The refresh generator 310 of refresh logics 130, 108 performs self-refresh and/or auto refresh (or other style of refresh) operations on the data cells 182-188 in banks of DRAM 110. In one embodiment, the refresh generator issues refresh commands at periodic intervals tREFI. Other embodiments may issue refresh commands at differing times; e.g. depending on memory cell availability.

In one embodiment, when the memory controller 106 is controlling refresh policy (e.g. when memory is actively used for computing), a controller-based refresh logic 108 with similar functions as in-memory refresh logic 130 is used. Memory controller refresh logic 108 may implement logic blocks 304-310 differently, with goals more suitable for use by memory controller 106. In particular, it is likely that the policy implemented in refresh logic 108 be different than the (e.g. simpler) one in refresh logic 130.

It is contemplated that the illustrated bank 166 and its regular and supplemental cells 182-188 are shown merely as an example for brevity, clarity and ease of understanding and that the embodiments of the limitations are not limited to this single bank 166 nor to the number, types, or placement of these cells 172-188 within the DRAM 101 and that the embodiments are applicable to and workable with any number and types and architecture of memory devices and their memory cells and refresh policies.

FIG. 4 illustrates a method for facilitating improved refresh schemes according to one embodiment of the invention. Method 400 may be performed by processing logic that may comprise hardware (e.g., circuitry, dedicated logic, programmable logic, microcode, etc.), software (such as instructions run on a processing device), or a combination thereof, such as firmware or functional circuitry within hardware devices. In one embodiment, method 400 is performed by the mechanism for facilitating improved refresh schemes employed by the refresh logics 130, 108 using supplemental cells employed by the enhanced DRAM 110 such as illustrated in FIG. 3. In one embodiment, the refresh logics 130, 108 may be external to and away from the DRAM 110 or, in another embodiment, the refresh logics 130, 108 may be employed within or on the DRAM 110 or, in yet another embodiment, the refresh logics 130, 108 may be external but coupled to the DRAM 110.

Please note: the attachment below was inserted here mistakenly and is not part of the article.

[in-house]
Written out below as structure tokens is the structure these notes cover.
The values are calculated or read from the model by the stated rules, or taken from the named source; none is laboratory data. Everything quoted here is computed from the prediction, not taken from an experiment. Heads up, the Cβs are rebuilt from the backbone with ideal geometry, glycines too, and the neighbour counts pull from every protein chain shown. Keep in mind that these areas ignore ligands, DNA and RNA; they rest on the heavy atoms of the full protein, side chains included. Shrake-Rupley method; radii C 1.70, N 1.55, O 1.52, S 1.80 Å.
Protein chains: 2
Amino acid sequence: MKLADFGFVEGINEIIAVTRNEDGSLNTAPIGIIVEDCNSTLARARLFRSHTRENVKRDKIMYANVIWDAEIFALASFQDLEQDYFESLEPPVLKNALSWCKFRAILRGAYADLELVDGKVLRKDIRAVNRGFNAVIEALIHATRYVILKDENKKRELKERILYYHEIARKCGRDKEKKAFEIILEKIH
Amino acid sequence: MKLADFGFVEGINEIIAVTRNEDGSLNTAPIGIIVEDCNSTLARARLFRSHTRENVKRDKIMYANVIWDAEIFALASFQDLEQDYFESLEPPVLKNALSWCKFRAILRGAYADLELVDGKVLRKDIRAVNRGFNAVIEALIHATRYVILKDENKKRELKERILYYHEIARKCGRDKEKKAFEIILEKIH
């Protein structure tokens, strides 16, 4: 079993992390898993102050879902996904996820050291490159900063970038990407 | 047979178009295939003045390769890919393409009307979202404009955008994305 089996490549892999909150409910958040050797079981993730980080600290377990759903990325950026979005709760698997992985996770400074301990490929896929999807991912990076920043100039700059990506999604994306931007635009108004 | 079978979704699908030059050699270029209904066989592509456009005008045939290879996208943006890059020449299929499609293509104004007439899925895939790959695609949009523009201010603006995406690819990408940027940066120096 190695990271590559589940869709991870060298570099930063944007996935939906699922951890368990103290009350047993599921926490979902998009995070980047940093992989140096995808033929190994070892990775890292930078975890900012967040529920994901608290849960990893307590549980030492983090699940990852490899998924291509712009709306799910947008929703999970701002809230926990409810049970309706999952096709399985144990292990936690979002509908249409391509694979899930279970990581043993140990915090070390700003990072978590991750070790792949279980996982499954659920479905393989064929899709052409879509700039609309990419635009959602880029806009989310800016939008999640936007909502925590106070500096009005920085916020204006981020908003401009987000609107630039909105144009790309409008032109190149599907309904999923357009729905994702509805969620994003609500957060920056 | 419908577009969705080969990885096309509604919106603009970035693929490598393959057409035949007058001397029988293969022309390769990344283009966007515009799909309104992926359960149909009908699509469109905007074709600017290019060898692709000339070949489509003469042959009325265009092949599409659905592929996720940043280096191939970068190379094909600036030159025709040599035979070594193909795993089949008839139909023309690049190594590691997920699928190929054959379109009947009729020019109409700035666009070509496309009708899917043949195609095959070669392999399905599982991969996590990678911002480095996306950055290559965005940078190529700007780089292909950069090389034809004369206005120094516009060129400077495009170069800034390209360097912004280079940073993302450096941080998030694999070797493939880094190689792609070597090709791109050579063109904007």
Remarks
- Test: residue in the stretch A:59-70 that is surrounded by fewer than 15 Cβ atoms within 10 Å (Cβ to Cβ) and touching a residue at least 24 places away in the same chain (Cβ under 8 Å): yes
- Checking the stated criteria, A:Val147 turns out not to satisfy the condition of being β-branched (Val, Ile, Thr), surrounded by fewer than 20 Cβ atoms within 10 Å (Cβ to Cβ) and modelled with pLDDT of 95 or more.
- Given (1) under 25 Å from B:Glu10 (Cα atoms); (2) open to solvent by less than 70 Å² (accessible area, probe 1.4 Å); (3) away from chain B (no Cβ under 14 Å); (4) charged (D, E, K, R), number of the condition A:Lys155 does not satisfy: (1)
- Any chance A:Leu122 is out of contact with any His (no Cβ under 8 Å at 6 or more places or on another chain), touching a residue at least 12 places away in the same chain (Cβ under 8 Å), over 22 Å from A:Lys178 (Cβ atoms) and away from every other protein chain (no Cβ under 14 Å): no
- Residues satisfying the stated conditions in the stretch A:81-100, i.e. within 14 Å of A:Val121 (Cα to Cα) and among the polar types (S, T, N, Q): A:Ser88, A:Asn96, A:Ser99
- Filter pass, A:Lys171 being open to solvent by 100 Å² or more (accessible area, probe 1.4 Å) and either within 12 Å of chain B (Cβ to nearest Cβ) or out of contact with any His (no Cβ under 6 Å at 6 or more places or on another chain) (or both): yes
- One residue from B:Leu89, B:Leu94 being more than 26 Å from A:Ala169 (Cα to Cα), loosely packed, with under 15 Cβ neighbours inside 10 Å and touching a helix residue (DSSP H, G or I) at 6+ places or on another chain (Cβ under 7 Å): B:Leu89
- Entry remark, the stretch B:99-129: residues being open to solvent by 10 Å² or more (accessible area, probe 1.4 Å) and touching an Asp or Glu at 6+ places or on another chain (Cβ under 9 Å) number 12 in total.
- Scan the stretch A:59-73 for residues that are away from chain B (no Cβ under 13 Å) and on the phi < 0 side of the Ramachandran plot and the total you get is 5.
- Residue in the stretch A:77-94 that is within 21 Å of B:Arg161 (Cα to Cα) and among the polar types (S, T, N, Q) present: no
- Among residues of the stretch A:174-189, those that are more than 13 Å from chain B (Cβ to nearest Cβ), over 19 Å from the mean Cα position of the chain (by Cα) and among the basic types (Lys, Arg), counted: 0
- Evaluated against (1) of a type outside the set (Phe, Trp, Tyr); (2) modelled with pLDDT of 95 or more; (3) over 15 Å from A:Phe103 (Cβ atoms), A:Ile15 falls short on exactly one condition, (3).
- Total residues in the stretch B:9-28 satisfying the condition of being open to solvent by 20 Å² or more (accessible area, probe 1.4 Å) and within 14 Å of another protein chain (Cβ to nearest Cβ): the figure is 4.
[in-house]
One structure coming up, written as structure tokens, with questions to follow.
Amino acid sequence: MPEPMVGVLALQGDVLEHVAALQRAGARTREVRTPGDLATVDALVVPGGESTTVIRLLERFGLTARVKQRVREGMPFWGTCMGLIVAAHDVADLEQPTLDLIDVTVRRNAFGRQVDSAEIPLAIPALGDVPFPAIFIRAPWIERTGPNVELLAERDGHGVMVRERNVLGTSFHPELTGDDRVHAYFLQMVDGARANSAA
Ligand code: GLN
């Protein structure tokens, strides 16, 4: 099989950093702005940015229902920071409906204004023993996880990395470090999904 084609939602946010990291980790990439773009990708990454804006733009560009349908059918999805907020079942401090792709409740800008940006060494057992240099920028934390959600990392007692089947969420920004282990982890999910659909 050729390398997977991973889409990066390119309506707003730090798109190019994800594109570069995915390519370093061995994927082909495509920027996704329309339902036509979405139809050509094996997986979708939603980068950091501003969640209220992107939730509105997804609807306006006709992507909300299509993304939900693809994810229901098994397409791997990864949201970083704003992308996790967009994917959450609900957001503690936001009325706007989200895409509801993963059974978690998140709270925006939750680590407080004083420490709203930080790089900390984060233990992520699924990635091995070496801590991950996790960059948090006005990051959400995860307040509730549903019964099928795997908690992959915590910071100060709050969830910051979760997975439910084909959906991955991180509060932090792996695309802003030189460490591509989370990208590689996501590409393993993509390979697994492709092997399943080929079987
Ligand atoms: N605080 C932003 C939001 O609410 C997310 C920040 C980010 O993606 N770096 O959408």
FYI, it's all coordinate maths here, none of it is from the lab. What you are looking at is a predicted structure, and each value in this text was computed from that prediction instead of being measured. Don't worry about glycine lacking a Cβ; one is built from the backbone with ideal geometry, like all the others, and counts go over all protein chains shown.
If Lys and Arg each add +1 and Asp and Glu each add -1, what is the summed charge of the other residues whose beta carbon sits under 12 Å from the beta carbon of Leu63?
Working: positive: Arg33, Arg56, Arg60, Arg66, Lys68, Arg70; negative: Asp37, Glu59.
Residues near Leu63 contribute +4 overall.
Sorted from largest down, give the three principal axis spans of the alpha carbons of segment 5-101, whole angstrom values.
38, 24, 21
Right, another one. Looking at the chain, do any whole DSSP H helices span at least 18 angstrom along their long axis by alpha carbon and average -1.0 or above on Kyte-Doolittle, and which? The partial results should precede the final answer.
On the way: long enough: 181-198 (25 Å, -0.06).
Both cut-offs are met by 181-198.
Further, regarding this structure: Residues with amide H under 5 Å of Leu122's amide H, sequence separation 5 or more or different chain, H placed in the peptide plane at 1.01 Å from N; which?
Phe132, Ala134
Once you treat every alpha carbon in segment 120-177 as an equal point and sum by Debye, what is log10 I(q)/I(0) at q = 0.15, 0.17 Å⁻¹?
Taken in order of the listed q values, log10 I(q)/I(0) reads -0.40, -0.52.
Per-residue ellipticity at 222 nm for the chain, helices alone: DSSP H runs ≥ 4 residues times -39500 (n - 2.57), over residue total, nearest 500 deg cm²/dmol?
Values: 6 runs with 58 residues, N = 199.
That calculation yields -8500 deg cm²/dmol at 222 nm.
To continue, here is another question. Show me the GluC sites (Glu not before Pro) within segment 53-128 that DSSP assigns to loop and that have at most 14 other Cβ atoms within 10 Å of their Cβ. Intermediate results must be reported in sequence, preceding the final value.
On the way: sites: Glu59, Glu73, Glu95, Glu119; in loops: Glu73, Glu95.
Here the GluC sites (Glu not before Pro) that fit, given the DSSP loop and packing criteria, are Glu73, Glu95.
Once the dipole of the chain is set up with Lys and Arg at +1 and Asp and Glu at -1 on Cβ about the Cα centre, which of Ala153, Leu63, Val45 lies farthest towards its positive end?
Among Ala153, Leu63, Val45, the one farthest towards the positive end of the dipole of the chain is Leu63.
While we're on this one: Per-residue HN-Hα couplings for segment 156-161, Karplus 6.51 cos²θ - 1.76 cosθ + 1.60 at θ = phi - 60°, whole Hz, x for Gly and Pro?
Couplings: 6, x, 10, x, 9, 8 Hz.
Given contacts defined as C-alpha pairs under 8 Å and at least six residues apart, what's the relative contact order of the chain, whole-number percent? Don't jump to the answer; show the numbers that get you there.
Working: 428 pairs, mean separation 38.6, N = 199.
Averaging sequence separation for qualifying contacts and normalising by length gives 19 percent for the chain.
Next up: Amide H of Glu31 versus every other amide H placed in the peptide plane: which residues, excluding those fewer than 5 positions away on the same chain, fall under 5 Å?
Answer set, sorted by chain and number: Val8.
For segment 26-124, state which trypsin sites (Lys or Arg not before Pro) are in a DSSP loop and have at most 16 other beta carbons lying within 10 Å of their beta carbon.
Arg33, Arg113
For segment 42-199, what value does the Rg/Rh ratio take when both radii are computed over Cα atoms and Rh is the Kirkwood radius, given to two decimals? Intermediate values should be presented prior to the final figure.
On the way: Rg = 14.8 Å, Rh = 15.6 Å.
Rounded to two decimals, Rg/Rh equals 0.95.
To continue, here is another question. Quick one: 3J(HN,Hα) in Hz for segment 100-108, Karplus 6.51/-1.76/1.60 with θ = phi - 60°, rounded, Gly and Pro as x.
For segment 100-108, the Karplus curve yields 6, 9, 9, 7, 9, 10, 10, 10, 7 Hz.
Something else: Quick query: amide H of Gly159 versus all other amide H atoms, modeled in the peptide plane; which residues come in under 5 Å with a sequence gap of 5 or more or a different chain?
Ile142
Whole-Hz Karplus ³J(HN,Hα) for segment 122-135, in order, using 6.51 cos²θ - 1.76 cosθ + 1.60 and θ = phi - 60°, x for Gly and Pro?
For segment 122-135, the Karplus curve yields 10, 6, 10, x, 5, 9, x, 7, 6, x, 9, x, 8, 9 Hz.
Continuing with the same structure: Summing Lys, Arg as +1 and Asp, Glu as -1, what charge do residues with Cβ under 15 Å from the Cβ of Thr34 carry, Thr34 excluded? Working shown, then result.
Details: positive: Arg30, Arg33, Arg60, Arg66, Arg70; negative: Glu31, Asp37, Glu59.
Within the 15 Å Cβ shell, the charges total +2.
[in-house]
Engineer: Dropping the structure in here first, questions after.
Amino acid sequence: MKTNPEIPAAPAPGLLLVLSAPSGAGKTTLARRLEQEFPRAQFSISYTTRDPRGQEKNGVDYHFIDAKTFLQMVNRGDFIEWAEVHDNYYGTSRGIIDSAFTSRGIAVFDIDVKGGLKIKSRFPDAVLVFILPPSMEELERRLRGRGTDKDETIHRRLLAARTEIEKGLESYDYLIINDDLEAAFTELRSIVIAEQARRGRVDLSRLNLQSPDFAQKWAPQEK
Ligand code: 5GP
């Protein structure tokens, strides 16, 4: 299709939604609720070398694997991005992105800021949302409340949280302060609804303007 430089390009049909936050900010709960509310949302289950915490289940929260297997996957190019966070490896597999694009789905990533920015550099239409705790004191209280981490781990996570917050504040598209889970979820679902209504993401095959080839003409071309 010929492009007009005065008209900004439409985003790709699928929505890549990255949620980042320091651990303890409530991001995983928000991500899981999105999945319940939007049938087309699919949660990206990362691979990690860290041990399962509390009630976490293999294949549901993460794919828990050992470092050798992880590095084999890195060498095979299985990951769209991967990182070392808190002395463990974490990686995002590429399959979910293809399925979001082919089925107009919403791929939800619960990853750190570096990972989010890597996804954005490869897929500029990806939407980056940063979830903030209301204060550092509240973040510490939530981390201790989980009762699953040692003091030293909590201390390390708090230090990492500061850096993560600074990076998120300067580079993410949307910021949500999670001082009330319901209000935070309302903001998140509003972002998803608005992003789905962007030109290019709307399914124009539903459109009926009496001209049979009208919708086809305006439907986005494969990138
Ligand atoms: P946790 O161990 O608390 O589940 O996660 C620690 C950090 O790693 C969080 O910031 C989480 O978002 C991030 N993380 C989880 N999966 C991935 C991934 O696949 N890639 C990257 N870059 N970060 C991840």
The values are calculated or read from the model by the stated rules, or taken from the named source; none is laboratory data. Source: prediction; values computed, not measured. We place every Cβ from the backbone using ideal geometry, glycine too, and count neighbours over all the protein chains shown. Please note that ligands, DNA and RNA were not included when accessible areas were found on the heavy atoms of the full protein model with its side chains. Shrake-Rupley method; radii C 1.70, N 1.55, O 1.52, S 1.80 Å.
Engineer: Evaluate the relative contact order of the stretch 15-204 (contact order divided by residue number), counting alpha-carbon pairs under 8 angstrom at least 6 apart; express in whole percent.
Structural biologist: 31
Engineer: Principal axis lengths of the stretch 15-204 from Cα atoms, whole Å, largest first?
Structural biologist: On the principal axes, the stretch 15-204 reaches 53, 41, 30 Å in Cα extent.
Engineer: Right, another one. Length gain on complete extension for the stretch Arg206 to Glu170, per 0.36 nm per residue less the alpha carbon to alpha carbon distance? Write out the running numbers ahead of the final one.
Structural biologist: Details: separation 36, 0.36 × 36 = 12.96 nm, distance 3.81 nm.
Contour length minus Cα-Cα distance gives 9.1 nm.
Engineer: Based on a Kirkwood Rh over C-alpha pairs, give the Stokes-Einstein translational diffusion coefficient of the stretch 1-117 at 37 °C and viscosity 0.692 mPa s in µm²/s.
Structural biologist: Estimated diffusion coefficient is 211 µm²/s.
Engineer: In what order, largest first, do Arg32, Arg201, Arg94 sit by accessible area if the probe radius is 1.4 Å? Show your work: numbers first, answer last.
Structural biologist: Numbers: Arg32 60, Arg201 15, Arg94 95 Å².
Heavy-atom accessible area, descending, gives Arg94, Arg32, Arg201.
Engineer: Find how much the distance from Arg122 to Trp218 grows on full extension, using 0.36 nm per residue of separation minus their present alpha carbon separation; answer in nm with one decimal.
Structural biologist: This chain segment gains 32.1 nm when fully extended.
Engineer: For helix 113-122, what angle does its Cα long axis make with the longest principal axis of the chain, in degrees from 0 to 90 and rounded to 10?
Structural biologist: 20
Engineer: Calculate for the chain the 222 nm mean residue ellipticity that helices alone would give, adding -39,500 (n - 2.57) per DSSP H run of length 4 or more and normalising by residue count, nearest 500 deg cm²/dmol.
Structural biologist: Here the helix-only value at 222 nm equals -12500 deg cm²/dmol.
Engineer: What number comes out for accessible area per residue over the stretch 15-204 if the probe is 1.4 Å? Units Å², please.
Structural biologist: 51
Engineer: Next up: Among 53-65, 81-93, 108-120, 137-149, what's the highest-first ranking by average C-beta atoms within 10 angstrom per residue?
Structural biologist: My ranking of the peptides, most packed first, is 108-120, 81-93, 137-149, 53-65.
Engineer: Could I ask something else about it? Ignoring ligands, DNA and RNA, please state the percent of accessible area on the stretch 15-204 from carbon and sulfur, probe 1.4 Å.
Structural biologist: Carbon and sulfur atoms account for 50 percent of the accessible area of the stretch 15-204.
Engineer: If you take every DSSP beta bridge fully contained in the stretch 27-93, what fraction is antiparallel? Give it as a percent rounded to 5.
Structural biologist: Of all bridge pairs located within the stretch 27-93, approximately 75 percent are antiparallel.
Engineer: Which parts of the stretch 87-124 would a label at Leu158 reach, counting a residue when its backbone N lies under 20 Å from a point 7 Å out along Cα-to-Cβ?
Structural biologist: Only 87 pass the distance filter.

To form an example, this embodiment presumes two supplemental cells in a refresh group, supplemental cell S2 being sampled half as fast (twice the time) as supplemental cell S1. A scaling counter (“scaler”) is used to provide a safety margin longer than tREFI, the current refresh rate for data cells. For example, it might be desired to have the nominal refresh rate be 8 times faster than the fundamental decay rate (the point at which S1 becomes 0). Due to the exponential nature of cell decay and the convenience of working with powers of two in digital systems, a policy is demonstrated where S2 is sampled half as fast as S1 and when tREFI must change, it is varied by a factor of 2 (doubling or halving) to match.

Other embodiments may use any refresh rate for data cells, any supplemental sample interval, and any policy for changing the regular refresh rate. Likewise, other embodiments may choose to use more or less supplemental cells in a refresh group.